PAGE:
3 Things with Derek Jenkins, Sandy Munro and Brett Smith
Derek Jenkins, Vice President of Design, Lucid Motors
What message do you want the overall design of the Lucid Air to telegraph?
The Air speaks the sometimes-disparate languages of technology and elegance. Our customers want technology, as expressed through performance, efficiency, materials, even lighting design. You see a lot of inspiration from aircraft design in the Air, including an aluminum body and glass canopy, but the overall design needed to exude elegance through sculpted yet fluid surfaces. We aren’t after traditional luxury; we want to clearly deliver on the promise of the future.
What was the biggest challenge in developing the overall design? The aero?
It’s funny, I was initially reluctant about the cab-forward design the Air needed. However, its shape – as defined by the needs of aerodynamics, passenger space, and EV packaging overall – rejects the old expressions of a powerful sedan, and I love it. It’s a paradigm shift, the new expression of a large, powerful sedan effortlessly slipping through the air.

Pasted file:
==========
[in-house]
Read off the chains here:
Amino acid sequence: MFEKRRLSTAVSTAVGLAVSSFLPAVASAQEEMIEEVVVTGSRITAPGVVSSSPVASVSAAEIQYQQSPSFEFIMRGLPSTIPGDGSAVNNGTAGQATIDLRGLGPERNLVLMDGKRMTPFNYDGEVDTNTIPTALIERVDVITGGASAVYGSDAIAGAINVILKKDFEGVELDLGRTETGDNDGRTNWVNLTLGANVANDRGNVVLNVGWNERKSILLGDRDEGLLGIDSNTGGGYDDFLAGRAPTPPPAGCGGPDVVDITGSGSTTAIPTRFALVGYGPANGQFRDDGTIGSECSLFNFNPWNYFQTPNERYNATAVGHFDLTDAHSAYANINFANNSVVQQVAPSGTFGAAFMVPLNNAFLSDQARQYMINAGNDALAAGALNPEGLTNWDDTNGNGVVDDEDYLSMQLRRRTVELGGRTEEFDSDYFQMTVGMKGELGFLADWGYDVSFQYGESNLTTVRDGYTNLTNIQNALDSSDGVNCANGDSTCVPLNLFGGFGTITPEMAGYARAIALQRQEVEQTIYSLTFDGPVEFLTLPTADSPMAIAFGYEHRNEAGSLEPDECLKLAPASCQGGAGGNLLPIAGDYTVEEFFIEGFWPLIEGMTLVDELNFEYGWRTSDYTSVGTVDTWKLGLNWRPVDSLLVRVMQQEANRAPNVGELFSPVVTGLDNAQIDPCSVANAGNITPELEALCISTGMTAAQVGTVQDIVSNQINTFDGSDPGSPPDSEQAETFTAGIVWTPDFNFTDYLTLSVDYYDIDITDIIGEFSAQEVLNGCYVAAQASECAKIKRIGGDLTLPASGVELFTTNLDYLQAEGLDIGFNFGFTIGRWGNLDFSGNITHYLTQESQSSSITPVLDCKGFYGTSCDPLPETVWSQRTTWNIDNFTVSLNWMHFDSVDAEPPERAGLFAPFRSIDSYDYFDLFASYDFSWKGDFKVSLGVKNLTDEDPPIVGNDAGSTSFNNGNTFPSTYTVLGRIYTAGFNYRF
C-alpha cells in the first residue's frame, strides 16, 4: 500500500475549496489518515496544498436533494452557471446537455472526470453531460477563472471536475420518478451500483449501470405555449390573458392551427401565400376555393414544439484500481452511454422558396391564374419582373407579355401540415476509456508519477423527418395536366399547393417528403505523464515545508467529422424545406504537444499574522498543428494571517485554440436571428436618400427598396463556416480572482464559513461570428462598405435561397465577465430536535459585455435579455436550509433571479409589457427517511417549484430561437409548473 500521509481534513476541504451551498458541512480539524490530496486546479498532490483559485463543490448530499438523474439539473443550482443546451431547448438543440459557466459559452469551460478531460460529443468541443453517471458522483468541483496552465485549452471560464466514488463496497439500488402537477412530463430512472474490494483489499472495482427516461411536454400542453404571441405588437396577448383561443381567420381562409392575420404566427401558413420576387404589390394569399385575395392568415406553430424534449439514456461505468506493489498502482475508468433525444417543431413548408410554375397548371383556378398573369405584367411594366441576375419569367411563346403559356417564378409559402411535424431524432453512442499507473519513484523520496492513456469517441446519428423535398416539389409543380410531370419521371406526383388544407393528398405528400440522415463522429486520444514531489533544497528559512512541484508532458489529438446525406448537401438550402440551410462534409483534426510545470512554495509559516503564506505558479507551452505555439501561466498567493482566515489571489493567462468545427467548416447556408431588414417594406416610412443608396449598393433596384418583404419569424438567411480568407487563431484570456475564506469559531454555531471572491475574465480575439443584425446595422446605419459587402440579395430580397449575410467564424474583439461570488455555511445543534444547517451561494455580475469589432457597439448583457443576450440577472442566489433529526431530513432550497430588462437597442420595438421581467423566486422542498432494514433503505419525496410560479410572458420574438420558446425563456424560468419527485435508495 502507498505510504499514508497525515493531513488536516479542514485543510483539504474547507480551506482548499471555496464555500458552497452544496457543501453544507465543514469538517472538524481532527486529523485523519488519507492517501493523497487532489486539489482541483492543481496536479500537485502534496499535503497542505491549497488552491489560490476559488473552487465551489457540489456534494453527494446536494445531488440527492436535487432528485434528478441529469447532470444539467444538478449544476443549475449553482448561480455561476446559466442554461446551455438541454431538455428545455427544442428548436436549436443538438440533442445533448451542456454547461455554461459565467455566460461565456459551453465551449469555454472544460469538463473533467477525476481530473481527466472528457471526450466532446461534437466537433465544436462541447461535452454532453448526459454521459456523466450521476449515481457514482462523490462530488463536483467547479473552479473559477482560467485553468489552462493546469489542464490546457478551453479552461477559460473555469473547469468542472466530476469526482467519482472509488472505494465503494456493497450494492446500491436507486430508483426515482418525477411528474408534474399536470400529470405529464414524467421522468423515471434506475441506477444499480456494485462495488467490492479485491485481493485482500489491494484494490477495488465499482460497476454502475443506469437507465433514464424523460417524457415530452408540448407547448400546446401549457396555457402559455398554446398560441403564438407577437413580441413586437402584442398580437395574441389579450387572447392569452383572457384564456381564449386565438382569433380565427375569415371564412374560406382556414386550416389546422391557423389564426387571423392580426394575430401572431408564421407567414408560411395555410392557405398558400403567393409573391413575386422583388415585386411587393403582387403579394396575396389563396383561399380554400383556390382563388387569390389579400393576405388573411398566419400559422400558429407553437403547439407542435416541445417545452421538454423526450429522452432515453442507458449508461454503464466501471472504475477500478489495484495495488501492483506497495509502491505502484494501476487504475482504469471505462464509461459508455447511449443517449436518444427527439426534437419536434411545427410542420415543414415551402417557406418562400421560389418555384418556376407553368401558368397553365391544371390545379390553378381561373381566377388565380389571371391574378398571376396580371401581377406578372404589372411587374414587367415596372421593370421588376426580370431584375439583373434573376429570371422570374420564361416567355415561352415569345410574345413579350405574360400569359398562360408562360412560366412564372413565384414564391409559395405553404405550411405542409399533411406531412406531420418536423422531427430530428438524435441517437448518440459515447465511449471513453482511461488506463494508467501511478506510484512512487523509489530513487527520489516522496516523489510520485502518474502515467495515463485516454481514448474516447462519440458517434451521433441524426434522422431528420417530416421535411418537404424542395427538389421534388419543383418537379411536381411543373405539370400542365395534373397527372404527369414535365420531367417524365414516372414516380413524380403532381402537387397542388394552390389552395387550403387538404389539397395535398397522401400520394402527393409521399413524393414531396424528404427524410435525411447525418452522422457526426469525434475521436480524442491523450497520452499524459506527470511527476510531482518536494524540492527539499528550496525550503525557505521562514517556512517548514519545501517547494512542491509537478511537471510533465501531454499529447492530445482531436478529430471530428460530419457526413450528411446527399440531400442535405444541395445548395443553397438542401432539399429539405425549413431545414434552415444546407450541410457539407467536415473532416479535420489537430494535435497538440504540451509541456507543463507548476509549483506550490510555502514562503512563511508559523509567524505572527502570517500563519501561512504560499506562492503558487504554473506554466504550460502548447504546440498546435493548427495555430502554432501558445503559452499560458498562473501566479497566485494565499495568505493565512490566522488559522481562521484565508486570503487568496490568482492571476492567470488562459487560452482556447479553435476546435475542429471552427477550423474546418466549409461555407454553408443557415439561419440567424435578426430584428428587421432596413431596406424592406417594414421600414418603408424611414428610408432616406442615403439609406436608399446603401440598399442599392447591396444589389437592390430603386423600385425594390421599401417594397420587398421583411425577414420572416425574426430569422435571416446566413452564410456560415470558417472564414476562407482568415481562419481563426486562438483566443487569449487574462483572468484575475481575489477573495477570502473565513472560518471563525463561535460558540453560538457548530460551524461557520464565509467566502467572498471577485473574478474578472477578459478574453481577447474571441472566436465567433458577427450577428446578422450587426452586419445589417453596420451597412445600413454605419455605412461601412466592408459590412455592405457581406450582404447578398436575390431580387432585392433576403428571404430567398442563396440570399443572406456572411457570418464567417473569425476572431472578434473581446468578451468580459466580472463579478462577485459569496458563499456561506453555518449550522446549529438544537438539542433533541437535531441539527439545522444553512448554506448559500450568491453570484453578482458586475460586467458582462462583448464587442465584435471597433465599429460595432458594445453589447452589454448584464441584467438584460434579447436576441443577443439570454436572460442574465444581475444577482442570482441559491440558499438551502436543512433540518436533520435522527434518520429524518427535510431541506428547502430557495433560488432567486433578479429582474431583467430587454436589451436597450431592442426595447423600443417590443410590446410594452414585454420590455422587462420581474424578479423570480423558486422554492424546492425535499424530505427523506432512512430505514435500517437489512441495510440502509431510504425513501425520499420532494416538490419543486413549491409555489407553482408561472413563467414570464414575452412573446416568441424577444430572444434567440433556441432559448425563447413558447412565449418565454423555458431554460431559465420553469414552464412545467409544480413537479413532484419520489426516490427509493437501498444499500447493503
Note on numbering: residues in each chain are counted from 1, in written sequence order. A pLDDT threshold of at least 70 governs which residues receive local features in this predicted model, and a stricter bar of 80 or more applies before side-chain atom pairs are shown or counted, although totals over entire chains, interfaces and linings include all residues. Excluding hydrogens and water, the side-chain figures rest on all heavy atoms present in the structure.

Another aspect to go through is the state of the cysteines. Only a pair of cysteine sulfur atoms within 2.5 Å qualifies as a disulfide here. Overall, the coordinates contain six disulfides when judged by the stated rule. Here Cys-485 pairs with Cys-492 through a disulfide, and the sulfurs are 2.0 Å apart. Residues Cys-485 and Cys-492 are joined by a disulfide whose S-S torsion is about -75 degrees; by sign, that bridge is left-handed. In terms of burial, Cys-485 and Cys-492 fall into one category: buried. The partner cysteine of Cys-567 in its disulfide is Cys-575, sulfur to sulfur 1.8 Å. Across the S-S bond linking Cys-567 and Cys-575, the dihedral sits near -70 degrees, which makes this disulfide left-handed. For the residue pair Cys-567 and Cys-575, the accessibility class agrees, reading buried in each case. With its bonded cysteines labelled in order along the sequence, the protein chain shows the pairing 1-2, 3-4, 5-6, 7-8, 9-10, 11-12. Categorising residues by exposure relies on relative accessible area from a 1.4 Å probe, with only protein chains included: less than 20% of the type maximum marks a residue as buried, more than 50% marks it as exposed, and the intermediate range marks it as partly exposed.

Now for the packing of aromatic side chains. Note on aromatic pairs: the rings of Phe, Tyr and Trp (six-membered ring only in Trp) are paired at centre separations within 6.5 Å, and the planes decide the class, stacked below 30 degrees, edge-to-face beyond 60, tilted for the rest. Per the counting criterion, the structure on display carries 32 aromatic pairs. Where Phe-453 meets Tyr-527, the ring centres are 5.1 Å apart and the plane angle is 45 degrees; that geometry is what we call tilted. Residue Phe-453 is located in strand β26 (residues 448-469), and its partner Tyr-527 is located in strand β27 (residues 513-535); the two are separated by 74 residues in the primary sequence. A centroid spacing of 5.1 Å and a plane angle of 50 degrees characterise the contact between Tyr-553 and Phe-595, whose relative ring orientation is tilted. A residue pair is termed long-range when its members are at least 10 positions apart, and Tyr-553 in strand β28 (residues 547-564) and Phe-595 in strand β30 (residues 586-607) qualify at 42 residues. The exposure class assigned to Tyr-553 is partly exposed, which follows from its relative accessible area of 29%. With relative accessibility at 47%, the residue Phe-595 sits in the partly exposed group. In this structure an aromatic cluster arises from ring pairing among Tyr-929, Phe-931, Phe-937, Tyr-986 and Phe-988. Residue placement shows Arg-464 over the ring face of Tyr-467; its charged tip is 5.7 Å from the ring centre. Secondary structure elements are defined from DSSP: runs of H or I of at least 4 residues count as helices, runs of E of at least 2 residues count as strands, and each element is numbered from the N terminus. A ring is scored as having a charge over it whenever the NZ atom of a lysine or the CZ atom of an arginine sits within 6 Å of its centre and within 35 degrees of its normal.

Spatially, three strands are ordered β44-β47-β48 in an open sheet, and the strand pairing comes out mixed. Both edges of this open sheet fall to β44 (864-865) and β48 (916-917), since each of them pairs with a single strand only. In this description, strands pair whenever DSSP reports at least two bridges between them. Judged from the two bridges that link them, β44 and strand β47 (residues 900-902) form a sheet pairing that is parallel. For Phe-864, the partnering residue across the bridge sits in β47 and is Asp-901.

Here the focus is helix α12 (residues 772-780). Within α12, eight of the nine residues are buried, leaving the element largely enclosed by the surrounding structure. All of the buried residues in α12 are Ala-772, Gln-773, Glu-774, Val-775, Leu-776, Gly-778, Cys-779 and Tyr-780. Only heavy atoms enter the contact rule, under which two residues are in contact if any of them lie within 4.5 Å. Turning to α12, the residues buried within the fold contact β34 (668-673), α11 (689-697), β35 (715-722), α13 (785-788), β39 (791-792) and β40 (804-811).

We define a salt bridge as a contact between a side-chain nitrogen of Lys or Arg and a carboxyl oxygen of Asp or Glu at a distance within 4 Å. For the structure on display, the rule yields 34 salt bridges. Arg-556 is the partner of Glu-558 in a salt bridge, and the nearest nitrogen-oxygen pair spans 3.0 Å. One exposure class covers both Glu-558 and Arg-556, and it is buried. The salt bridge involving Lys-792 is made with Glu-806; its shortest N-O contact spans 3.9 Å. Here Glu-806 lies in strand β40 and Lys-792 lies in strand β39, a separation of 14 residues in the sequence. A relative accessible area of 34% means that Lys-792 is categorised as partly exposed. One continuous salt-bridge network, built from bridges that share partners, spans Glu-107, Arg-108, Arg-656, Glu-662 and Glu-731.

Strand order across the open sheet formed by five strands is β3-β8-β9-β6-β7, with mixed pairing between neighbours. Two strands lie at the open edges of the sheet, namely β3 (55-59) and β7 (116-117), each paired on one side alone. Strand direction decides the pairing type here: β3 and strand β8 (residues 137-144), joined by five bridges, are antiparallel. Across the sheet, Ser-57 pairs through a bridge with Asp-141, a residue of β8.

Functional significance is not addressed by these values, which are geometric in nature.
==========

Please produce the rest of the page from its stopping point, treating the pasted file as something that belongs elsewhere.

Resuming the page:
Lucid Air (Image: Lucid Motors)
Going forward, do you see vehicle architectures changing as electric motors and autonomous functions make traditional approaches unnecessary?
Absolutely. EV architectures provide considerable freedom for design. I’ve come to the conclusion that with the smaller components and the modularity that electrification makes possible, we’ll go in two directions. The first is the logical step towards something new, efficient, and useable for daily life. The other is total freedom for performance and lifestyle vehicles. It’s exciting, a renaissance of vehicle design.
Sandy Munro, CEO, Munro & Associates
You have been critical of Tesla’s manufacturing capabilities. Has the company gotten it together?